Overall I thought it was an interesting read. I can’t say way in particular I thought it was good, but it was just the general impression of writing style, language, culture, and emotional growth. I can’t say Kitty grew by leaps and bounds, but she did grow some. I liked that the romance scenes happened ‘off stage’ by being alluded to and then a scene change. I enjoyed the language and writing style as well. The chapters are extremely short, some only a page or two long. It made it easy to stop as needed.

I’d recommend this book to anyone who enjoys classical fiction. Also, anyone interested in early 1900s China or the English colonization of China in that time frame might enjoy this, as long as they keep in mind it is still fiction and the story focuses on the emotions and life of a young woman. I’m giving it three cheese slices only because I think this is a one and done read. I can’t think that I’ll go back and read it, but it was an enjoyable read the first time through.

My rating:

Screen Shot 2015-01-06 at 12.29.30 PM

I Know Why the Caged Bird Sings by Maya Angelou

I Know Why the Caged Bird Sings by Maya Angelou

I’m pretty sure this is the first book I’ve read by a Black author. I decided I wanted to read something in honor of Black History Month and asked the library to recommend some authors to read. When Maya Angelou came up, I remembered I Know Why the Caged Bird Sings was on my TBR list and decided that would be the one I was reading.

I cannot say I was blown away by the book, but I found it to be a very interesting cultural study. Having grown up after desegregation and the civil rights movement, a lot of the information and events in the book weren’t surprising. However, it was still fascinating and moving to see the world through the eyes of a young black girl.

I thought the most powerful part was her graduation from eighth grade. She discussed how the speaker was talking about the white school getting new microscopes and such but the black school was going to get a paved field. She explained that to a black girl she felt he was telling they could only have athletes as heroes, they could only hope to work in the trades but that was all – there was no hope for them to get into any other field. I found that very interesting. I had never seen words from that point of view before.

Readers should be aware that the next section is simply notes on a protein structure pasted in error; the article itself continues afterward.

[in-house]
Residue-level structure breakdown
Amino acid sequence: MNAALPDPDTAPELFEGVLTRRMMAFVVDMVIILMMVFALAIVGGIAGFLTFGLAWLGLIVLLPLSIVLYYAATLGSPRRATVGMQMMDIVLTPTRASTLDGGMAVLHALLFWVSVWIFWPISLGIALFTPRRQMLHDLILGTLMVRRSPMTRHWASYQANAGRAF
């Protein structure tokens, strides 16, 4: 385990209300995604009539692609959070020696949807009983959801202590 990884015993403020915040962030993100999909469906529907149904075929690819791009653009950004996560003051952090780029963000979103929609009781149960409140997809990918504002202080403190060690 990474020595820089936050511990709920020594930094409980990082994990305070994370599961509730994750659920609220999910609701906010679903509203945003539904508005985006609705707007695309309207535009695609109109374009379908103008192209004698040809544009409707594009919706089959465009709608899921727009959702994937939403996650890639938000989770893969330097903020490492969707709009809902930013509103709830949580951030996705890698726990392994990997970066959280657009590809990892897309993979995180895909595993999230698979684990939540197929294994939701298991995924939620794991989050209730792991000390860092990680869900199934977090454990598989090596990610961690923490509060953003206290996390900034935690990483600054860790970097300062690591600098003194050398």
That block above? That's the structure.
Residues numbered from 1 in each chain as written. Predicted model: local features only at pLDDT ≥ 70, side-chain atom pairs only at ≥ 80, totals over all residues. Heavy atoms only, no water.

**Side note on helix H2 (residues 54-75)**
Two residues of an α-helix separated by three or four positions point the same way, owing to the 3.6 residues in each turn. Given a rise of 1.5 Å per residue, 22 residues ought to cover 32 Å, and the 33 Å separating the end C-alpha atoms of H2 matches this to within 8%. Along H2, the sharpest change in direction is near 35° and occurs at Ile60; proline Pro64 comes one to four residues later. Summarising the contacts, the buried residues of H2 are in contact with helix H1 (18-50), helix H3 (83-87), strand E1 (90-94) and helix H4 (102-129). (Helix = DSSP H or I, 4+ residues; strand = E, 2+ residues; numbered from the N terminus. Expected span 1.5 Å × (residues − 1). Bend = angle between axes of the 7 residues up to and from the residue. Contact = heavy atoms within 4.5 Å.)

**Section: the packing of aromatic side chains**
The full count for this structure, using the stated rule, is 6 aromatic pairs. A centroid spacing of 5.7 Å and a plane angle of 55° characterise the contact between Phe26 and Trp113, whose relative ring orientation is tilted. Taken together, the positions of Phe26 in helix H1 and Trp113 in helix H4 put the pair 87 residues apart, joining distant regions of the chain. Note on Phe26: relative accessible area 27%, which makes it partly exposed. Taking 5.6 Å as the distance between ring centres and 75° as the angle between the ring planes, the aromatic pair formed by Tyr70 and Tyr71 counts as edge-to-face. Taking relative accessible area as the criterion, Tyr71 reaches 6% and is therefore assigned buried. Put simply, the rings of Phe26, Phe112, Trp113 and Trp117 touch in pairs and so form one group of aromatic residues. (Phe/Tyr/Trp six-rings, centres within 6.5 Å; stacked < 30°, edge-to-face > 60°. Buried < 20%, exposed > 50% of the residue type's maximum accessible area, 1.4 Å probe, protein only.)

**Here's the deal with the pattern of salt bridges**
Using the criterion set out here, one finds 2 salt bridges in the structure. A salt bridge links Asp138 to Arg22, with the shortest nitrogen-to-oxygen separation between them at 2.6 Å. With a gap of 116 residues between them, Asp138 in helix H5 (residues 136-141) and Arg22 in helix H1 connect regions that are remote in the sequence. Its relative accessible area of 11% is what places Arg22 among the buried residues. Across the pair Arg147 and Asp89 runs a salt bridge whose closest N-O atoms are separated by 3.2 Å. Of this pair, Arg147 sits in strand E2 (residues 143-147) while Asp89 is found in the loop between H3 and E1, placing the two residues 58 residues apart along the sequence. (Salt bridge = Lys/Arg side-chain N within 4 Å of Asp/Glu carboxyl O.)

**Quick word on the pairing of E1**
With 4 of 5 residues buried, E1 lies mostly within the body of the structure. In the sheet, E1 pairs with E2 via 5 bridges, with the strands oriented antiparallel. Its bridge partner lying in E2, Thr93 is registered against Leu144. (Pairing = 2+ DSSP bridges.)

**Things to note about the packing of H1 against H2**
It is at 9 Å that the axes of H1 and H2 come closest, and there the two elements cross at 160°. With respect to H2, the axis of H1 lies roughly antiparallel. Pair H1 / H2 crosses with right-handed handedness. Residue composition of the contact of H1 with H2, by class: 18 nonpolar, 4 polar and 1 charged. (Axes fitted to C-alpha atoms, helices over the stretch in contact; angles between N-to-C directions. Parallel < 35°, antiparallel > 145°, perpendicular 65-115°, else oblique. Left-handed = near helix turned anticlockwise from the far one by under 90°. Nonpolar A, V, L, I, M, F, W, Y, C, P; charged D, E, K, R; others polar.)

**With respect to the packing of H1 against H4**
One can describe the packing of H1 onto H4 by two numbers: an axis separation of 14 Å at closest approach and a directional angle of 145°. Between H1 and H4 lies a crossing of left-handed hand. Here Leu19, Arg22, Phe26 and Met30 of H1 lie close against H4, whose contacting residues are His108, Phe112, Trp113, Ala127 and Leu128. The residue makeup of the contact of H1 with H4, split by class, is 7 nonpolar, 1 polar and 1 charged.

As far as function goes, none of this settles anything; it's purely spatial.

I thought the book was going to be more emotional for some reason. There was quite a bit of emotion and there were several heart-rending events, but it always felt somewhat detached. I’m not quite sure why. I almost wanted to get further in her head and see more of her thoughts than was in the book. It did give me insight into African American traditions (not sure that’s quite the right word…maybe habits?) and mindset. It was also a glimpse into a different era in a way you don’t often get to see (a child’s view as opposed to an adult view).

For anyone interested in a cultural study or African American history, this is a great read. For someone looking for an interesting book or memoir, this is also a good read. As for someone looking just for a book to read, I’d have to say you need to either be interested in memoirs, history, or culture in order to fully enjoy it.

My rating:

Screen Shot 2015-01-06 at 12.29.30 PM

Florence Grace by Tracy Rees

Florence Grace by Tracy Rees

I was somewhat torn on how to review this particular book. Let me begin by saying the audio book narrator was fabulous and the book was actually a lot longer than I had expected. The beginning and end of the book were wonderful. It was the middle of the book I had some issues with.

The story follows Florrie Buckley, a young girl from the wild moors of Cornwall being raised by her grandmother. She is a special girl with a strong intuition that is taught by a London born school teacher and the local wise woman. Before her grandmother dies, Flory learns her mother comes from a powerful London family, called the Graces, that disowned her when she married a low-born Cornish man. Florrie is then sent to live with the Graces.